Niagara University and 12 partners, including the Niagara Falls City School District, were awarded an Investing in Innovation (or "i3") grant of $3 million from the U.S. Department of Education. The federally funded program is designed to advance student achievement in high-need schools in grades 3 to 6 mathematics and science through improved teacher preparation and early-career teaching support.
The project, "Building a Pipeline of Teaching Excellence," capitalizes on the National Board for Professional Teaching Standards' (National Board) unique repository of case studies of accomplished teaching, including videos of board-certified teachers paired with reflective analyses describing instructional decision-making and teaching strategies. The cases will be housed in an online resource called Accomplished Teaching, Learning, and Schools (ATLAS).
Through the i3 grant, the National Board and its partners will pilot ATLAS cases in six teacher preparation programs and seven local education agencies (LEAs). The project will help embed National Board standards and exemplars of accomplished teaching in pre-service and induction in participating institutions of higher education and LEAs.
The National Board will oversee this project, convening partners to develop new instructional approaches that are high-impact, cost-effective and scalable. Ultimately, ATLAS will expand across all 25 National Board certificate areas, including thousands of cases addressing all areas of the curriculum and every developmental level of pre-K-12 education.
Dr. Debra Colley, dean of Niagara University's College of Education, noted that the project addresses a need in teacher preparation by providing pre-service programs with up-to-date tools so as to strengthen the preparation provided to teachers and extend that preparation through their early years in teaching.
"National Board standards are the DNA of accomplished teaching," she said. "By embedding them at the heart of pre-service and induction, we will ensure that new teachers in STEM fields will be ready for the Common Core and Next Generation Science Standards."
Partners in this project include Stanford University's Teacher Performance Assessment Consortium (edTPA); the American Association of Colleges of Teacher Education; the Council of Chief State School Officers; TeachingWorks at the University of Michigan; and the project's evaluation partner, the American Institutes for Research. The National Education Association and the American Federation of Teachers are in-kind partners in the project.
Along with the Niagara Falls City School District, other partners include Metropolitan Nashville Public Schools (Tennessee); Jackson Madison County Schools (Tennessee); Tipton County, Tenn.; Yakima Schools (Washington); Seattle Public Schools (Washington); West Valley School District (Washington); University Educational Service District 105 (Washington), Vanderbilt University, Tennessee State University, University of Memphis, University of Washington and Central Washington.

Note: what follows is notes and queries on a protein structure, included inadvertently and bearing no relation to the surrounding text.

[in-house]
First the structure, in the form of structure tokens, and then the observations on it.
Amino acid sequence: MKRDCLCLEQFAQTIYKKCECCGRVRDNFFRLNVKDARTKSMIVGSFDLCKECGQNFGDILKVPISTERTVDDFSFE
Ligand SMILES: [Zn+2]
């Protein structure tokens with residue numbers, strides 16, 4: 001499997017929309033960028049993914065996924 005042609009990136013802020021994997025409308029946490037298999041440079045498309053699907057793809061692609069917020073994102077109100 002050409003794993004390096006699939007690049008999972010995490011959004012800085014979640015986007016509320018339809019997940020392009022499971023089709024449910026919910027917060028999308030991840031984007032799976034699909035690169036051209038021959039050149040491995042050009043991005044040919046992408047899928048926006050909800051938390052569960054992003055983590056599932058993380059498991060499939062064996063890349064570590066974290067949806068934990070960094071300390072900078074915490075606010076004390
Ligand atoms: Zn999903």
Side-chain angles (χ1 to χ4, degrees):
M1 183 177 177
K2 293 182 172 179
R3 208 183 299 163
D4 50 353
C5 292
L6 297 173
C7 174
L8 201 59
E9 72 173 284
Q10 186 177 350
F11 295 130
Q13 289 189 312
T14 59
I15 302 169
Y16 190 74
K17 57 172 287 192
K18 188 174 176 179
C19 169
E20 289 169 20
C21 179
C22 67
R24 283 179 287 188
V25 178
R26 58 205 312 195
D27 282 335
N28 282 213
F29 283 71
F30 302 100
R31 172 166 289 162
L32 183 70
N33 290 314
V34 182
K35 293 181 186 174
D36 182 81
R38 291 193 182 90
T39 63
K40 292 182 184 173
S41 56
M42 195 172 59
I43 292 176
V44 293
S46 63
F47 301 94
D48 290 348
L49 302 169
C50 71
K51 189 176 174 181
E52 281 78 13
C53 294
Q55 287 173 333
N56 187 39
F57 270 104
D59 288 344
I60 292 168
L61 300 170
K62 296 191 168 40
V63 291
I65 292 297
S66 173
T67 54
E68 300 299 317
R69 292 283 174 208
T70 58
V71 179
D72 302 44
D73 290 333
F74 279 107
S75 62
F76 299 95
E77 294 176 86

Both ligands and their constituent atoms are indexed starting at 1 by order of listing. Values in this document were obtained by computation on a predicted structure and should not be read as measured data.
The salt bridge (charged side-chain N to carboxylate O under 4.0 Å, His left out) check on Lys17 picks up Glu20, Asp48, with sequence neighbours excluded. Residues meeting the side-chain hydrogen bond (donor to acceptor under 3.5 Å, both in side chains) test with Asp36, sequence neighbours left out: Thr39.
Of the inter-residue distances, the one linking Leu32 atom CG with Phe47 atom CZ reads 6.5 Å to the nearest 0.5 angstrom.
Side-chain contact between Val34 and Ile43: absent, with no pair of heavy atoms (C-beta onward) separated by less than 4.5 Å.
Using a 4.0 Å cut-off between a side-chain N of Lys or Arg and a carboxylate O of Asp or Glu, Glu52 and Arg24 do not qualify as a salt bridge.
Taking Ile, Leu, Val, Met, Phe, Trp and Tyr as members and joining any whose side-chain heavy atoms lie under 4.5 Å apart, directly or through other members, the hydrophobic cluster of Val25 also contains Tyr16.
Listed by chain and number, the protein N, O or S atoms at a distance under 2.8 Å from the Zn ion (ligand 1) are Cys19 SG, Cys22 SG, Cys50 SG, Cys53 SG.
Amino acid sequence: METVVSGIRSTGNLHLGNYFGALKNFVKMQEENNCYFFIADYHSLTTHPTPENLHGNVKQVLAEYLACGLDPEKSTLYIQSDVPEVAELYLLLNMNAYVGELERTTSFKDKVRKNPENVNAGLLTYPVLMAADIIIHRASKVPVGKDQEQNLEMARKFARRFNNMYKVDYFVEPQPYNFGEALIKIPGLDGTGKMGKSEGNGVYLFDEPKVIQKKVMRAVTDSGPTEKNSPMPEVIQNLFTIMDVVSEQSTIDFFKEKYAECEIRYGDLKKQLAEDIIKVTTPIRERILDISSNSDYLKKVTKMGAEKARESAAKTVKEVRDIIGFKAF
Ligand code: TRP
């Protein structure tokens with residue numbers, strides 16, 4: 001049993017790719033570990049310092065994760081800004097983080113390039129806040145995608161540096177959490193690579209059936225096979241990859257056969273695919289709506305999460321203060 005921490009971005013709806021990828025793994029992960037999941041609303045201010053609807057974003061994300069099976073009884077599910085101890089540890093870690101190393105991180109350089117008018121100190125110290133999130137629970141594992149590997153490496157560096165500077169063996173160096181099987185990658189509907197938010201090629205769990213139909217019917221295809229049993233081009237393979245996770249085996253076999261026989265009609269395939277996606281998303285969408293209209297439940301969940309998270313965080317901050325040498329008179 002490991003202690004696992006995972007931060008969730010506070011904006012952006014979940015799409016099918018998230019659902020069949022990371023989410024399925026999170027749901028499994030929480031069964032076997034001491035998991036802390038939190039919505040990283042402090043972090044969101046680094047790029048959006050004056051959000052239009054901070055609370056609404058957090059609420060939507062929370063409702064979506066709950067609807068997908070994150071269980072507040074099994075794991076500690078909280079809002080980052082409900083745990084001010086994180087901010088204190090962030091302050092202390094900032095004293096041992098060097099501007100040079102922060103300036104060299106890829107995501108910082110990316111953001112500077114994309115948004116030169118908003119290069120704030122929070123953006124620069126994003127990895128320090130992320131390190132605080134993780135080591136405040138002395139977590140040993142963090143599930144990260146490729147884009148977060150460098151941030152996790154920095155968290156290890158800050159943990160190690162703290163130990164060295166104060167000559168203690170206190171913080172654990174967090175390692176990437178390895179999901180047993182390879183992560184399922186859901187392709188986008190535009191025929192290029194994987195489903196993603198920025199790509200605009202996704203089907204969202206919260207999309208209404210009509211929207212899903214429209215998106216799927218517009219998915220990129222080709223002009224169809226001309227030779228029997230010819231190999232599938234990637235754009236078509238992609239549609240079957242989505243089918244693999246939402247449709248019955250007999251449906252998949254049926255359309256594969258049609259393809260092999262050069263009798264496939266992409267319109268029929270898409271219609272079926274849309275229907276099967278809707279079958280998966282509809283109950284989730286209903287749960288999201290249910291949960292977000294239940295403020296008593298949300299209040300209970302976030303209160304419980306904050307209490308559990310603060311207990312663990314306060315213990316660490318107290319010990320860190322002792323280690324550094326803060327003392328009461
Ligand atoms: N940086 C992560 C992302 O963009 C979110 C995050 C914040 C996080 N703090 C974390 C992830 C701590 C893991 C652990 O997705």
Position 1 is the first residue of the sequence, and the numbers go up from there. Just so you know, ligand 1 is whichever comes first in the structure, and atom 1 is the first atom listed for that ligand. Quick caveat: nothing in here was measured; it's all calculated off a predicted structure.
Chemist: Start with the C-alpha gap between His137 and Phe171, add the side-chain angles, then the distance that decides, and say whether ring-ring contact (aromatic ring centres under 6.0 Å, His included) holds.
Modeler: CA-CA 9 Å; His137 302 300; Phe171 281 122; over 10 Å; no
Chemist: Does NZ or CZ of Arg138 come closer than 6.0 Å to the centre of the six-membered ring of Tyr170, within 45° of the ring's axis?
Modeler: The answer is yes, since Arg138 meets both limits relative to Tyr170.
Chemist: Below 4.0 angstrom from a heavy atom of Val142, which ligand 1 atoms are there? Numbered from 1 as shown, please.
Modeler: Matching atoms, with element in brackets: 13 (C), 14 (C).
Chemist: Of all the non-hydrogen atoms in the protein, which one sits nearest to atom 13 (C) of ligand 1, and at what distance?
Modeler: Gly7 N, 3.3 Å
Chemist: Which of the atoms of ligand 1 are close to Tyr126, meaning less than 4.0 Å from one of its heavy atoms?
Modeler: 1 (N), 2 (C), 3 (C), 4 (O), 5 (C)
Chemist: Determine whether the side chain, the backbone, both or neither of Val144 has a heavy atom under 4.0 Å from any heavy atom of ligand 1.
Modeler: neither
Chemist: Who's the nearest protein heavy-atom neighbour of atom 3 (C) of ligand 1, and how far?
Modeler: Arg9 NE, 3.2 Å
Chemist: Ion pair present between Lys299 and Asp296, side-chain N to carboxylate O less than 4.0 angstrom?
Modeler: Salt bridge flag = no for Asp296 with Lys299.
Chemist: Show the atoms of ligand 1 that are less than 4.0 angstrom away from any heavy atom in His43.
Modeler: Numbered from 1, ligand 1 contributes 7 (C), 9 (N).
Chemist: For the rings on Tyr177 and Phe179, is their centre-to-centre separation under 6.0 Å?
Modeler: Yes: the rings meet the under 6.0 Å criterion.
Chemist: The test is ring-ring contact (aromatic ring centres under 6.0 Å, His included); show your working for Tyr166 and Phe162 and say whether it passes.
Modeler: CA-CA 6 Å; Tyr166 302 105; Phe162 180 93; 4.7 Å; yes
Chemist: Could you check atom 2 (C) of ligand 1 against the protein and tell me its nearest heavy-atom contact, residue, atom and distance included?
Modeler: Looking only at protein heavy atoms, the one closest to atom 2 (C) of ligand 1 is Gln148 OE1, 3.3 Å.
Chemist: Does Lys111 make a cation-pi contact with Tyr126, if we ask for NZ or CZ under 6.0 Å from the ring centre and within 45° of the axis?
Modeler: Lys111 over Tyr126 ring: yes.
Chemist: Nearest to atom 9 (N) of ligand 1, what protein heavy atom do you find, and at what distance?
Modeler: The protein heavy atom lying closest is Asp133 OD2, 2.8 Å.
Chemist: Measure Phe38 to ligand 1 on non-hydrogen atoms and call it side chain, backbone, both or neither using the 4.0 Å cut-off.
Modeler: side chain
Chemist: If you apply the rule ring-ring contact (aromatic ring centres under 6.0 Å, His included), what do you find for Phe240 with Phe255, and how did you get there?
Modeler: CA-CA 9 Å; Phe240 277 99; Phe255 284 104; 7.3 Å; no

Over the course of the grant, the free training in early childhood learning is expected to benefit about 1,500 area teachers and impact 35,000 schoolchildren.
"As a district, we are already very committed to advancing the skills of our teachers, which has proven to be one of the most effective ways of enhancing student achievement," stated Cynthia Bianco, superintendent of the Niagara Falls City School District. "We consider ourselves fortunate to be chosen for this program and look forward to enhancing the quality of education and innovation in our schools."
Niagara University's College of Education brings a strong commitment to working in partnership with P-12 schools to enhance student learning; and prepare teachers, educational leaders and school counselors from pre-service to ongoing professional learning. The strength of these mutually beneficial partnerships - with the Niagara Falls City School District, in this case - and the quality of NU graduates has once again been recognized by the college's involvement in this prestigious project with the National Board.
Dr. Ron Thorpe, president and CEO of the National Board, hailed the grant as an important building block in shaping a true professional continuum of teacher development and excellence.
"The work undertaken with our partners will directly raise student achievement in STEM fields by strengthening the way we prepare and induct teachers into the profession," he said.
The National Board and its partners will widely disseminate findings from this project through research and policy briefs, presentations to their memberships, research monographs, postings on websites and social media. The primary role of organizational partners will be to facilitate the dissemination of information and research gleaned from this initiative. Findings will be broadly disseminated to all of the nation's schools, colleges and departments of education; state education agencies; and the National Board's network of 100,000 accomplished teachers and policy partners.
The mission of the National Board is to advance student learning and achievement by establishing the definitive standards and systems for certifying accomplished educators, providing programs and advocating policies that support excellence in teaching and leading, and engaging National Board certified teachers and leaders in that process.
For more information on Niagara University's College of Education, call 716-286-8560 or visit www.niagara.edu/education.